Great sexpectations: How your mindset shapes your love life
In one memorable episode of Sex and the City, Carrie admits to being completely taken with her new beau, Jack Berger. “Everything is fresh, everything is a first, everything is foreplay,” she says, describing their time together. “Even a trip to Bed Bath & Beyond can be an ecstatic errand… And of course, those first kisses are the greatest in the world.”
The first two times they are intimate, however, Carrie finds the experience distinctly disappointing. “Dump him,” Samantha advises Carrie – following up with an unprintable take on the phrase “fool me once, shame on you; fool me twice, shame on me”.
The episode – whose title was “Great Sexpectations” – caught the attention of psychologist Jessica Maxwell, a senior lecturer in psychology at the University of Auckland, New Zealand. “I was caught off guard that the characters would just assume sex should be relatively effortless and be so willing to throw in the towel on a relationship if the sex is bad,” she says. Yet her conversations with her friends suggested that many people in real life take Samantha’s attitude.
Those thoughts led Maxwell to investigate the ways our beliefs can influence our intimate relationships in the short and long term. On the one hand, there is the “sexual growth mindset” – the belief that satisfaction requires effort and work. On the other, there’s the “sexual destiny mindset” – the idea that natural compatibility between sexual partners is the key factor that allows couples to maintain sexual satisfaction, which means that any struggles in a sexual relationship can signal the relationship is destined to fail.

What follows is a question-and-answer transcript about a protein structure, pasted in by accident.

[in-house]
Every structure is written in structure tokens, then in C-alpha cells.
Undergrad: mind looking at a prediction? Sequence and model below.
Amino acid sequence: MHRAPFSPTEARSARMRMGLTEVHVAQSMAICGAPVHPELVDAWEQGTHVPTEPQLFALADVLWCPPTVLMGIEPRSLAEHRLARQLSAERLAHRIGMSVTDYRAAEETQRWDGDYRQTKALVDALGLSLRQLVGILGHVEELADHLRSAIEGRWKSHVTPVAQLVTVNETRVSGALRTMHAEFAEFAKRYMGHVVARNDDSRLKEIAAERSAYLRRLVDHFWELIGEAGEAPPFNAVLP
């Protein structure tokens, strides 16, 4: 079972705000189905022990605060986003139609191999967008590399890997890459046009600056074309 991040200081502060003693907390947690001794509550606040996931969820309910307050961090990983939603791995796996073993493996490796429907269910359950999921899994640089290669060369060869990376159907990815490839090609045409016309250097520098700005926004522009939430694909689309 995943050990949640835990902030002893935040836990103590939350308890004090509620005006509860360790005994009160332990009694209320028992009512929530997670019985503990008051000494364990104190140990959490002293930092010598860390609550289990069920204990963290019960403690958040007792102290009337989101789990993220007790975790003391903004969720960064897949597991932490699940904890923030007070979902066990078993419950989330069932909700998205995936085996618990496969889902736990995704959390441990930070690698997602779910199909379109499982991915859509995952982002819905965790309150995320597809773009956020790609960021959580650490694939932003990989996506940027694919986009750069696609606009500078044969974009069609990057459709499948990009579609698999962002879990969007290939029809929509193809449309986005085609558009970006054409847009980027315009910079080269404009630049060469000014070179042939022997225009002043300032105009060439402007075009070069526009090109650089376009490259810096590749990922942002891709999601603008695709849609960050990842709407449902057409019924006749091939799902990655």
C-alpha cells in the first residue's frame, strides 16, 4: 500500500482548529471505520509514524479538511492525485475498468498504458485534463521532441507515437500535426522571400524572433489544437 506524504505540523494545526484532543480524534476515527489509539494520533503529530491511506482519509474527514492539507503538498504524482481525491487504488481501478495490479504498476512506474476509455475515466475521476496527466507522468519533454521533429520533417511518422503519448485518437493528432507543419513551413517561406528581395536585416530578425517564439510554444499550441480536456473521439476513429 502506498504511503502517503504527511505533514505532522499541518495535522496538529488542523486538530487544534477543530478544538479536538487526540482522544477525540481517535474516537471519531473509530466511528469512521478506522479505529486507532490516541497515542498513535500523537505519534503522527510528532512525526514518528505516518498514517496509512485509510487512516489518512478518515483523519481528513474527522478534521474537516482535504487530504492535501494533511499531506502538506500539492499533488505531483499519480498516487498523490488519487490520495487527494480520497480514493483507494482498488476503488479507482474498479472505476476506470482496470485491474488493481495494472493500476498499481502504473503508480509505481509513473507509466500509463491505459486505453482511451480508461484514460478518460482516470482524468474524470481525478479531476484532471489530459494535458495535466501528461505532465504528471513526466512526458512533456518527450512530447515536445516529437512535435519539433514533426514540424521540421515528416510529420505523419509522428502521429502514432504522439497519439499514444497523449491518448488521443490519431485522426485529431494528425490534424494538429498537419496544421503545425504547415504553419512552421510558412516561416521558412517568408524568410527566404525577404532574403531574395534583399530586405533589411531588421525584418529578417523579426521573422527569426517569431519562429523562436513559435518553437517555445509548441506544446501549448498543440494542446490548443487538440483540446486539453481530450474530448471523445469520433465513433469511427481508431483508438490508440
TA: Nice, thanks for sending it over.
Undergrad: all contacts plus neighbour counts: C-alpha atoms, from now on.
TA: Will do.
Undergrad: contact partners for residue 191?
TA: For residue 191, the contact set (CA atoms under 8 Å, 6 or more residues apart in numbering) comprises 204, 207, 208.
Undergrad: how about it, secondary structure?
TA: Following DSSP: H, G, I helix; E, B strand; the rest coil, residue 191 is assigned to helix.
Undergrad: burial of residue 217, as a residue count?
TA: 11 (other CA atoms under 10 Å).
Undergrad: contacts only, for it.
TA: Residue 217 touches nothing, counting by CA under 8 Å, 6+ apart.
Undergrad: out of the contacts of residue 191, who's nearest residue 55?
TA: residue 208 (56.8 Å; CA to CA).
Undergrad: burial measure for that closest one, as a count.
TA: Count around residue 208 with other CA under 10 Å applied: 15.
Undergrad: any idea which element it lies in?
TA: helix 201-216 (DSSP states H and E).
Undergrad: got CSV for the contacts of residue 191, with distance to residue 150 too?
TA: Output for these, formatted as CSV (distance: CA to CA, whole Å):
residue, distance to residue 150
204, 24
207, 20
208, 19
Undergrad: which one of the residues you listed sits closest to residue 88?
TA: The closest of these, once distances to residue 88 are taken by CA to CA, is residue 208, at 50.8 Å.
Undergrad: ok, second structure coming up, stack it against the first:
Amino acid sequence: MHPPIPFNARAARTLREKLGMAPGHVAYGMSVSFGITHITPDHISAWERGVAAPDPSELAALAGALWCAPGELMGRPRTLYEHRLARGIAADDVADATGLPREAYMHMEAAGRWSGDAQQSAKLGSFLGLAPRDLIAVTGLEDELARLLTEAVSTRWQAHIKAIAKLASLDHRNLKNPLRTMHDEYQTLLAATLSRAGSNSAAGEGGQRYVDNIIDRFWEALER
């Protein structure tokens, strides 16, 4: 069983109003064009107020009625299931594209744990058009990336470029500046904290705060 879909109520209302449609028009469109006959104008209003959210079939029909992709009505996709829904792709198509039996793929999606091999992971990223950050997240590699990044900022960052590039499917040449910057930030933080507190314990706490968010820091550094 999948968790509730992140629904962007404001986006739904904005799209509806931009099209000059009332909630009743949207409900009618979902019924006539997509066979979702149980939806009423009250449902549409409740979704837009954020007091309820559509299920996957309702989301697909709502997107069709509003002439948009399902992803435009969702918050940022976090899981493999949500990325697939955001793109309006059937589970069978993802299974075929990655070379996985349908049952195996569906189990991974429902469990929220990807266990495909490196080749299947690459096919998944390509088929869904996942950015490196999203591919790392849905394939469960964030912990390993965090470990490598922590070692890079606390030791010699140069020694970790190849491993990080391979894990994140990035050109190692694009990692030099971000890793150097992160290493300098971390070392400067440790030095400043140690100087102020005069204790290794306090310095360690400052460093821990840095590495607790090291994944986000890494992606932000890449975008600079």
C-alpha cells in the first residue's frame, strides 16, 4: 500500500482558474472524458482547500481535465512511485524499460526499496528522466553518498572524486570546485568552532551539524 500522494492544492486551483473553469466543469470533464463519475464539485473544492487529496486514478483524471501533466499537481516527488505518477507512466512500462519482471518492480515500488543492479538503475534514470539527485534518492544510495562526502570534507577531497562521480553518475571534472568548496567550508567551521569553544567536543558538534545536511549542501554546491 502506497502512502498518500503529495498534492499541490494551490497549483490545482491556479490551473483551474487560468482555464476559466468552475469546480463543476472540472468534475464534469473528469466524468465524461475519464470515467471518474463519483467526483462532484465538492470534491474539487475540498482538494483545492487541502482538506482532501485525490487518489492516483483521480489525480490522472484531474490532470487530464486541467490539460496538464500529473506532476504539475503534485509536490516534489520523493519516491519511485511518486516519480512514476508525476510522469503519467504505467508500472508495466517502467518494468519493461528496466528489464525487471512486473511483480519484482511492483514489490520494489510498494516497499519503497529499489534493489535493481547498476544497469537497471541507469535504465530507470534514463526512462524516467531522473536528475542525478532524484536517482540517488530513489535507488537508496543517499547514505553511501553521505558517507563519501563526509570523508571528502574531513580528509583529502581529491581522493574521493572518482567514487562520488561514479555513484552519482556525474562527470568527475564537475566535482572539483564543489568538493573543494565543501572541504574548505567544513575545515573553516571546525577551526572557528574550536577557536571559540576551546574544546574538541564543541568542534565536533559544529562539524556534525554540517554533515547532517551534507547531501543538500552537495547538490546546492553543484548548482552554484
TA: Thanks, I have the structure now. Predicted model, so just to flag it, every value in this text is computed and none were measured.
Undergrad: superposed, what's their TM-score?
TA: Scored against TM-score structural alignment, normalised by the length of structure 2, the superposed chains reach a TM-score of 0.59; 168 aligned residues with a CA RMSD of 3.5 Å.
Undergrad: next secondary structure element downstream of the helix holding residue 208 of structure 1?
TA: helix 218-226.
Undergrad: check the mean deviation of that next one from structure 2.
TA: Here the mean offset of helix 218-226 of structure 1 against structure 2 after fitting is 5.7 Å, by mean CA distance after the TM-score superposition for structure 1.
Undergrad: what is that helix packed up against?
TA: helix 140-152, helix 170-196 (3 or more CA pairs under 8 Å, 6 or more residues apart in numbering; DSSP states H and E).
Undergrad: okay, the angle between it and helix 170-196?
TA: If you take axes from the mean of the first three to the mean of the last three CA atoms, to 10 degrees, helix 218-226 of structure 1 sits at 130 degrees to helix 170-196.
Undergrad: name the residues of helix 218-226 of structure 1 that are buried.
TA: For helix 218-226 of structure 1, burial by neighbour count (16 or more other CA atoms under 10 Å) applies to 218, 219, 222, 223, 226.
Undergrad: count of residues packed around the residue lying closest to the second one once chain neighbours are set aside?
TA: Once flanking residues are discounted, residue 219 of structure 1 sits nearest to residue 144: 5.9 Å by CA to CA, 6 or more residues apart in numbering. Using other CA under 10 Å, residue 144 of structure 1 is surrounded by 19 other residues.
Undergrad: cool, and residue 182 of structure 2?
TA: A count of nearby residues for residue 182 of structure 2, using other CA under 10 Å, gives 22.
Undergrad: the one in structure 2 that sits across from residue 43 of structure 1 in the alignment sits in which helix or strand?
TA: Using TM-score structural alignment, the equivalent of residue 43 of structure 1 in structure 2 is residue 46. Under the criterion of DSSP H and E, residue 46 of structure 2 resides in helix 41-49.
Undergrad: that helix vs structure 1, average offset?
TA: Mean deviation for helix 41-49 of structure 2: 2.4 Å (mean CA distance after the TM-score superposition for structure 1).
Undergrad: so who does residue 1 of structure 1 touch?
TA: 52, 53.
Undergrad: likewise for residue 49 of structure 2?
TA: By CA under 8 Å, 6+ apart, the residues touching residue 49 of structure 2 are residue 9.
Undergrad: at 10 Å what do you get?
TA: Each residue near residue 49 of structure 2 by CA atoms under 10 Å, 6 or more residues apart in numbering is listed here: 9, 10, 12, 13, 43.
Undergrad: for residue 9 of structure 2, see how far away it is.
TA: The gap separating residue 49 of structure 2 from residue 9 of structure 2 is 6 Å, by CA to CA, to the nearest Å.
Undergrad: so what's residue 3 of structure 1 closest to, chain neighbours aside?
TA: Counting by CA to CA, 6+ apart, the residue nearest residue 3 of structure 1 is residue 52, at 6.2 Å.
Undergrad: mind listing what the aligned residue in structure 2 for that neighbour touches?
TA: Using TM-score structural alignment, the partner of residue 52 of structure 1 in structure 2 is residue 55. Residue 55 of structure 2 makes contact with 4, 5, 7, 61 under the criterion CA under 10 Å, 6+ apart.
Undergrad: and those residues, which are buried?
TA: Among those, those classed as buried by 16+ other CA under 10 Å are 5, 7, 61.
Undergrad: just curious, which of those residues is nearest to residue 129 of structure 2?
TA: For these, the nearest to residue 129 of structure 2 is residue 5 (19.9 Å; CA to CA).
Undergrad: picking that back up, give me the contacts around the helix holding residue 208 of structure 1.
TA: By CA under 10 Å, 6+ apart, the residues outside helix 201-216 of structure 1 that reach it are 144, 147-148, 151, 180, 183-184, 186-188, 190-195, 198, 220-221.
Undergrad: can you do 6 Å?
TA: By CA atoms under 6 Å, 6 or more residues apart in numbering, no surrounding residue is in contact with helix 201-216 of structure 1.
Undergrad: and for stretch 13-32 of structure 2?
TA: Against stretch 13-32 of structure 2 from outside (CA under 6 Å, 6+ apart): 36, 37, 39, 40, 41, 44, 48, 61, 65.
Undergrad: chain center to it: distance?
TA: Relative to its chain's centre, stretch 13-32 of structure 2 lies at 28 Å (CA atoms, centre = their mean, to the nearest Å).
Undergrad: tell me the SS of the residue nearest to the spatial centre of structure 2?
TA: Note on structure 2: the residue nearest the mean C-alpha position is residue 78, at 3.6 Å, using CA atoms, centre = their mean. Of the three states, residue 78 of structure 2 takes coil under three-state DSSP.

In a series of studies, Maxwell has found these mindsets can dictate the ways people deal with problems in the bedroom, with huge consequences for the quality of their relationships. Her research suggests that by forging more constructive ‘sexpectations’, we might all enjoy a healthier and happier love life.
Maxwell’s findings join a growing body of literature examining the effects of mindsets across many different areas of life.
The most famous studies come from Carol Dweck at Stanford University. In decades of research, she has examined whether people believe academic ability is fixed and cannot be changed, or whether they see their abilities as something that can grow with practice. In general, people with the growth mindsets seem keener to take on new challenges and are better able to handle setbacks. And attempts to promote the growth mindset, applied in a supportive educational environment, seem to increase students’ overall achievement, so that struggling children can better meet their potential.